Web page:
Monday, April 20, 2015

Egypt Part II

Yesterday Michael and I had the opportunity to listen to the president of the Evangelical Theological Seminary of Cairo who spoke at the Calvin Theological Seminary.  This is the seminary that I hope to meet and partner with starting in June.  It was good to hear his perspective on the challenges and opportunities for the Church in Egypt.

He reported on a number of things, one of which is the continued drop of the number of Christians in the Middle East:
  • In 1950, sixty percent of Lebanon was Christian.  Now it is 30%.
  • In Palestine, 30% of the population was Christian.  Now it is less than 1%.
  • In Iraq, 12% was Christian.  Now it is 2%.
  • In Syria, 12% was Christian.  Now it is 2%.
However, in Egypt, the number of Christians continues to remain at between 12-15%.  While many Christians are fleeing the area due to growing persecution, the Egyptian Christians seem to be standing firm.

Since the Arab Spring (revolutions that have taken place since 2011), there have been increased challenges for Christians, including greater restrictions on religious freedom, increased discrimination against women, increased attacks on the Christian faith in the media, greater intensive teaching of Islam in schools, burning and destroying of Christian churches, and the attacking of wealthy Christians and eviction of poor Christians.  [Interesting to note that when Islam arrived in Egypt in 600 AD, the choices given to people were to convert to Islam or to pay high taxes.  Consequently, only the wealthy were able to "afford" to be Christian.]

The Arab Spring was hijacked by Islamic Fundamentalists approximately one month after it started and has resulted in the spread of poverty due to the lack of basic supplies; prices have been rising as inflation rises; unemployment is rising as tourism has dropped; and there have been infrastructure issues as electricity is now going off regularly, possibly due to the smuggling out of oil to Gaza. There are approximately 1800 tunnels between Gaza and Egypt, through which food and weapons are smuggled.

There has been great opportunities for the Christian Church in Egypt to revisit the message of the Gospel, looking toward peace and forgiveness, and how to love their Muslim neighbor.  He asked that we continue to pray for the Church in Egypt and the Seminary, for peace and opportunities for the message of the whole Gospel to go to the whole people.  He specifically said that the seminary is looking at Market Theology, making theological education more practical and less theoretical, which encouraged me.  I personally am looking forward to the opportunity to partner with my brothers and sisters in Christ in Egypt through Church-based Business as Mission. I hope to see businesses develop and grow, recognizing the great opportunities for Marketplace Ministers to bear witness to Christ in the Marketplace. 

Monday, April 13, 2015

Why Egypt?

The June launch date of Discipling Marketplace Leaders (DML) in Egypt and Ghana is drawing closer.  As the date draws nearer, my nervousness goes up a bit, especially about Egypt.  To date, the countries that I have worked in have been primarily English-speaking (except for Cote d'Ivoire,  but I was able to make do with my elementary French) and primarily Christian.  Egypt will be quite different.  Additionally,  my budget is already stretched tight in raising funds for the work in Kenya with two new staff and a growing office; adding Egypt and Ghana will increase the budget by an additional $10,000-15,000 USD for travel, translations, and launching meetings.  I find myself worried about starting in two new countries, requiring this even more expanded budget.  But I am reminded to, "not be anxious about anything, but in every situation, by prayer and petition, with thanksgiving, present your requests to God" (Philippians 4:6).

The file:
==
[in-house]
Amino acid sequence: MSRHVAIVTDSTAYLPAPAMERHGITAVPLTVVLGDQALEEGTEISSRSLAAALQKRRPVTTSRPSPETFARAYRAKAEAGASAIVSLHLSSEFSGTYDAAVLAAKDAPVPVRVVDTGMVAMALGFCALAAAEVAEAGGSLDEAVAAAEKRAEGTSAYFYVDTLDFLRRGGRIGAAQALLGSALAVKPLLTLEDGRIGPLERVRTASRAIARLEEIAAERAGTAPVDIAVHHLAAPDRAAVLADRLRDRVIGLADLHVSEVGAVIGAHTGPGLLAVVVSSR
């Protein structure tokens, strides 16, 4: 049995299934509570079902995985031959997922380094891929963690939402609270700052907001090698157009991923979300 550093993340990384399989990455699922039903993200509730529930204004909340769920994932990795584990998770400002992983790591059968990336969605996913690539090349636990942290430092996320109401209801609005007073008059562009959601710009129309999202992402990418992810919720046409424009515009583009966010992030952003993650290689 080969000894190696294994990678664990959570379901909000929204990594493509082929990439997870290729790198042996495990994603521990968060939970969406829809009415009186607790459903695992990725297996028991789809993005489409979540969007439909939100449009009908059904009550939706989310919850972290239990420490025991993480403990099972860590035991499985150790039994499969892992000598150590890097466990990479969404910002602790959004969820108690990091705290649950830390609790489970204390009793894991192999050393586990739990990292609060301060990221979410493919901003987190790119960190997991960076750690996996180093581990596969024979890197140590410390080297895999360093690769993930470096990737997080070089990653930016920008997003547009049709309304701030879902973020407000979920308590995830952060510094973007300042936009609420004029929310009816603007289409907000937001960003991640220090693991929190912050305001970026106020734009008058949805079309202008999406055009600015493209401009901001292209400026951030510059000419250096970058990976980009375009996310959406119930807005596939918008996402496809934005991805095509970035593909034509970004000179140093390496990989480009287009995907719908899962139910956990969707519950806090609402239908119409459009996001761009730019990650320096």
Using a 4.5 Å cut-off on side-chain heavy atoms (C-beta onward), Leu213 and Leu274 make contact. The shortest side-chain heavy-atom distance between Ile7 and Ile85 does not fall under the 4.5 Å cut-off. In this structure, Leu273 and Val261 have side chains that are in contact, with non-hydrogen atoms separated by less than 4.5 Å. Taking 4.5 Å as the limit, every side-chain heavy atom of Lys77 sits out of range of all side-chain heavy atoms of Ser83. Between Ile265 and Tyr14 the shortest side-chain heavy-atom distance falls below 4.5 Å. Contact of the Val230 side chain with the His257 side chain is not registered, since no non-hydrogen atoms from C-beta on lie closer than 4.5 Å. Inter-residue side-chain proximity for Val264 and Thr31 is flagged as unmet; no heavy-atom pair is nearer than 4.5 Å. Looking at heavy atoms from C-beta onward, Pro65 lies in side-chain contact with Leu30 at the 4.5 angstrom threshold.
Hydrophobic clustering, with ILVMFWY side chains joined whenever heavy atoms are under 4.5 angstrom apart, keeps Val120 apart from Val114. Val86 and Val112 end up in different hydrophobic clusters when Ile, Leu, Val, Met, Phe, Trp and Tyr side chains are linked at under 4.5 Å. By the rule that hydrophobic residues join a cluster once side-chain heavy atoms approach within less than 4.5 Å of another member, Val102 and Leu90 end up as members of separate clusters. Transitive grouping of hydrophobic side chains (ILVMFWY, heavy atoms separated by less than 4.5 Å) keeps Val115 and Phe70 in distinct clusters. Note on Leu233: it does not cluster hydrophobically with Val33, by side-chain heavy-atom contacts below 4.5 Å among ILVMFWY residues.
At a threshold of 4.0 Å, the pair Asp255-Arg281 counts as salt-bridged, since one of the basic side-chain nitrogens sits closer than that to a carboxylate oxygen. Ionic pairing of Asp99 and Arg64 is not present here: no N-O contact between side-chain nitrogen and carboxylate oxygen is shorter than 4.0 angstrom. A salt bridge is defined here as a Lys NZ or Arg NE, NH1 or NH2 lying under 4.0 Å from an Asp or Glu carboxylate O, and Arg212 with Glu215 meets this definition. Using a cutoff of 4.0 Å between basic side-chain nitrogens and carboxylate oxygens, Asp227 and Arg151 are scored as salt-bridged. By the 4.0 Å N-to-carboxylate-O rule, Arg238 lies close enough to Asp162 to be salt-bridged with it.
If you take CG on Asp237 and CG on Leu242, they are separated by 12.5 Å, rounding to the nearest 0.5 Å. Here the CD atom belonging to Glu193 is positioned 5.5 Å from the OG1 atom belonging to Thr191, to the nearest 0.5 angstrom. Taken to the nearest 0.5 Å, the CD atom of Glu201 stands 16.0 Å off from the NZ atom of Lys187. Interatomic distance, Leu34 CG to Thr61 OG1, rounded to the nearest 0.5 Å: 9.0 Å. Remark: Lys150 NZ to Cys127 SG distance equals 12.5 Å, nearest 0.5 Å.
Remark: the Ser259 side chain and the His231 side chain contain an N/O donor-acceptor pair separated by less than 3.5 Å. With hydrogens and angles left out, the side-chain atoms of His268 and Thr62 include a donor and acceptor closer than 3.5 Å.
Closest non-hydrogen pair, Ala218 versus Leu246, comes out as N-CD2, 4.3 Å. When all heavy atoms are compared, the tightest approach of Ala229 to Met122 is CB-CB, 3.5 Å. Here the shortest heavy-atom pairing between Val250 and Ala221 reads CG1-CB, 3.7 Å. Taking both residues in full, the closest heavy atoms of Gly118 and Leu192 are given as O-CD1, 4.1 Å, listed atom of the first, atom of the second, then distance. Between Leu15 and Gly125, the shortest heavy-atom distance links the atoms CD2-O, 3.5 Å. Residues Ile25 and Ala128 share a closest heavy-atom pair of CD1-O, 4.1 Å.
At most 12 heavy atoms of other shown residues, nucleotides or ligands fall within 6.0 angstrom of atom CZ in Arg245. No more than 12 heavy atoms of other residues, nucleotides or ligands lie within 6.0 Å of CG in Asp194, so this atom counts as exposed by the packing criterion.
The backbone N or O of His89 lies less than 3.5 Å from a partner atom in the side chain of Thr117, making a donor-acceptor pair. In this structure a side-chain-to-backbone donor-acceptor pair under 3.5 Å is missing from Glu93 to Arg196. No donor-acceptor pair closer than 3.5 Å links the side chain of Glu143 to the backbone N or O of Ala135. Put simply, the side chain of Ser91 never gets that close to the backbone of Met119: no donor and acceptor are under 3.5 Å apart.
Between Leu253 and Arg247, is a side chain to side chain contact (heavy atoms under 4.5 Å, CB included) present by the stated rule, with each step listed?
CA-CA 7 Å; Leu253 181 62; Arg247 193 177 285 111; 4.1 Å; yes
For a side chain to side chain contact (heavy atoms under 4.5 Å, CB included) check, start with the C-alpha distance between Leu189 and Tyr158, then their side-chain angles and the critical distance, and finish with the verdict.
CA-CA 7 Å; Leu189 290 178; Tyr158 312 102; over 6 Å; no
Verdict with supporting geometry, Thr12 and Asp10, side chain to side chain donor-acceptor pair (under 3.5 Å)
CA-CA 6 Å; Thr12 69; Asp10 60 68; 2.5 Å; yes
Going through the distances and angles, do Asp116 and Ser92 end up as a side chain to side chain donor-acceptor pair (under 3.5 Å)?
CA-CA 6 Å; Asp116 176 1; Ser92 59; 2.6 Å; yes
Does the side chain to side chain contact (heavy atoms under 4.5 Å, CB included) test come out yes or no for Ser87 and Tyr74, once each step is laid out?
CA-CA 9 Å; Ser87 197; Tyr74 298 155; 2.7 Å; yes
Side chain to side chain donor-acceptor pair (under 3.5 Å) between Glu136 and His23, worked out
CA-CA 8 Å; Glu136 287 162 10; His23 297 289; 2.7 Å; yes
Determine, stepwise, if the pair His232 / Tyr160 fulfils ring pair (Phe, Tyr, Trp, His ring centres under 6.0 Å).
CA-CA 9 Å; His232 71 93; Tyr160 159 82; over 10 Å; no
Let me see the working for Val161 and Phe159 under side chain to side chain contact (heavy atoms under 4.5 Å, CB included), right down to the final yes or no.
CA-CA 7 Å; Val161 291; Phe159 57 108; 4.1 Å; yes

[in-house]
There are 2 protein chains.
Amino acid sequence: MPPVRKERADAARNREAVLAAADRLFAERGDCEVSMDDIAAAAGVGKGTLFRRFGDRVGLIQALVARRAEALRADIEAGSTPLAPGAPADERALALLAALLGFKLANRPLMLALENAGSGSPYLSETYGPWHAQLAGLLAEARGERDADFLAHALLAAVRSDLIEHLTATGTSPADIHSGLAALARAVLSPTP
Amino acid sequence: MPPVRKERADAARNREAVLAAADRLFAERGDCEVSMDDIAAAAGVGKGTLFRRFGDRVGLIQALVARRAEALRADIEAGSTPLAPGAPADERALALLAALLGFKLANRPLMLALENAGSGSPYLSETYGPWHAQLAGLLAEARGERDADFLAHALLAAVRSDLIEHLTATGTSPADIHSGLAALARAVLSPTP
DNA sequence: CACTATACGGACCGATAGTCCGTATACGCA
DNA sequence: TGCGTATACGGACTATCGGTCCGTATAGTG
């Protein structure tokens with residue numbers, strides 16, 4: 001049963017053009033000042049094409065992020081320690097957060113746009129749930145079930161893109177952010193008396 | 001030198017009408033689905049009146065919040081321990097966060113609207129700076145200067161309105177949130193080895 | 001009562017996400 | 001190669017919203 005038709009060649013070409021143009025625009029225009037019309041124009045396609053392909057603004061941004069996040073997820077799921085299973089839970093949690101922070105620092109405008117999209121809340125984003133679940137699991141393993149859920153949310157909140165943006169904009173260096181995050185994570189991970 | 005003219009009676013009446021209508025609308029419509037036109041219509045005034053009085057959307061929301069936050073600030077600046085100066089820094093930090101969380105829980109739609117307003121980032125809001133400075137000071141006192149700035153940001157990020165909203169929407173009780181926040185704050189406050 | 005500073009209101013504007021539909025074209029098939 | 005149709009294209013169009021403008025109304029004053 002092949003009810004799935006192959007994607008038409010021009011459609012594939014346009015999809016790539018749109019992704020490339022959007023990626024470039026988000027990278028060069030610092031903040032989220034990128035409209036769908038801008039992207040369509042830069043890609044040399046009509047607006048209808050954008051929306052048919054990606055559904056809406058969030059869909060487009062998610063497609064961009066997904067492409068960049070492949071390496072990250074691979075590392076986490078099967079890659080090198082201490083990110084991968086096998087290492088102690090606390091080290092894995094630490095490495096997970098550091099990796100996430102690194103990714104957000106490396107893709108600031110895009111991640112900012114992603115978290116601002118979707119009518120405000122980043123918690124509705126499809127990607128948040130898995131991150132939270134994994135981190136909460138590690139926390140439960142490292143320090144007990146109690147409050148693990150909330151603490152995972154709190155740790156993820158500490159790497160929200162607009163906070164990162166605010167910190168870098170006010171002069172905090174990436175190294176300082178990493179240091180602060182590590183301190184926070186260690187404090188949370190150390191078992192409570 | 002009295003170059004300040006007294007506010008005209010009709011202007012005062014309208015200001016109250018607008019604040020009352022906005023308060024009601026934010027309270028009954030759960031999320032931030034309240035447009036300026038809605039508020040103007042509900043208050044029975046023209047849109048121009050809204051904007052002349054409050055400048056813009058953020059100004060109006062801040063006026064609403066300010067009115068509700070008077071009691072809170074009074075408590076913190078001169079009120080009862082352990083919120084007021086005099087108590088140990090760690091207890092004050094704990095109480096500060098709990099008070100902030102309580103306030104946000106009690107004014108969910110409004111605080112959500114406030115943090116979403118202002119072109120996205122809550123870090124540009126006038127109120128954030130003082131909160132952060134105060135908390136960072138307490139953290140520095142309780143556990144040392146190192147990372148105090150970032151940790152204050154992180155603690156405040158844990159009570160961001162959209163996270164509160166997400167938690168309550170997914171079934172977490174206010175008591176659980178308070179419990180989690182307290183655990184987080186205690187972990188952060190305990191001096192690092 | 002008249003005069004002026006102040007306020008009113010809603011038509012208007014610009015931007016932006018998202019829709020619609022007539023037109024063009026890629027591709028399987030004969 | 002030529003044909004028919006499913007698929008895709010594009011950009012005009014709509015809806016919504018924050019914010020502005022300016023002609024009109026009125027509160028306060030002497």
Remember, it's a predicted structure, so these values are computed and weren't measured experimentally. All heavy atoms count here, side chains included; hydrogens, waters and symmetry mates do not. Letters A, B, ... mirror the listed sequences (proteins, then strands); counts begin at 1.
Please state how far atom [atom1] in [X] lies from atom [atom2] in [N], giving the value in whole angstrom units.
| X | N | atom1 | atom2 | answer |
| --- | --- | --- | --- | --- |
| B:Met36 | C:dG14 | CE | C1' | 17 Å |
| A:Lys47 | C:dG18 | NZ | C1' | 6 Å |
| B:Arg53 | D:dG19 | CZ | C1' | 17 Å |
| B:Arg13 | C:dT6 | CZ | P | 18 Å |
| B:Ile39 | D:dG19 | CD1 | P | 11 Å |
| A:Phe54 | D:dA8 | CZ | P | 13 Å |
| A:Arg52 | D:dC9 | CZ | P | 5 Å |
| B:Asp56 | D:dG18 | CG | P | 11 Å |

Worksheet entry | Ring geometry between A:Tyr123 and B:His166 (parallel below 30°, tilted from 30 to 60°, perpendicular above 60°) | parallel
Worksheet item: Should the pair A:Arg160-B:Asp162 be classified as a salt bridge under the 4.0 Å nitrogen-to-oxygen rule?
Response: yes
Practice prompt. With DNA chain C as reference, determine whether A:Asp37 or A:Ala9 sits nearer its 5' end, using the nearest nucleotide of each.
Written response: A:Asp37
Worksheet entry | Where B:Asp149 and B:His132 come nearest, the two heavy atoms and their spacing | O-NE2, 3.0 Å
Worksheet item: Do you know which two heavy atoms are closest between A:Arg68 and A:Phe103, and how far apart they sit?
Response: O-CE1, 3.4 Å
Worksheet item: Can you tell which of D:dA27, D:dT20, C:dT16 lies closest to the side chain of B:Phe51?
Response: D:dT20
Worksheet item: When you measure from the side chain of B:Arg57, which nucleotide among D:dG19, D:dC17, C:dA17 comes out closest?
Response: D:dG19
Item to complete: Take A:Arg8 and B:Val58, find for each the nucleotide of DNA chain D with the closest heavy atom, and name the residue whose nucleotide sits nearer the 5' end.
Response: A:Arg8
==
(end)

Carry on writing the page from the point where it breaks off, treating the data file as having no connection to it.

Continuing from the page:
However that is easier said than done, and so as I worked at not worrying in this past week, I found myself needing to be reminded of the call for this work to move forward in Egypt.  In this process, I found some peace again, reminded of the struggle of the Church in Egypt and the need for encouragement for our Egyptian Christian brothers and sisters.  On top of that, I found peace in reminding myself that my Father "is not served by human hands, as if he needed anything. Rather, he himself gives everyone life and breath and everything else." (Acts 17:25).  And so I also want to share with you regarding the current situation in Egypt.

You may recall the recent news of the beheading of 21 Egyptian Christians in February of this year
by IS. These were young men who left Egypt in search of jobs and wound up in Libya where they were targeted because of their faith.  The story of these young men dying with the name of Jesus on their lips is very moving. This story also tells us that there are serious economic challenges in Egypt and further investigation tells us that persecution of Christians in this area of the world is not unusual - Egypt included.  A story from this past weekend was that the Egyptian Christians who received permission to plant a church in the village where these young men were from were attacked by Muslims who declared there would not be a church located there.  Cars were set on fire, stones and bricks had been thrown, people had been bloodied.   “This is a classic issue in Egypt,” said a Coptic Christian, Abdelmalak. “Even after you struggle to get permission from the president to build a church, you still have to face the mob, which rejects the idea of having a church built in their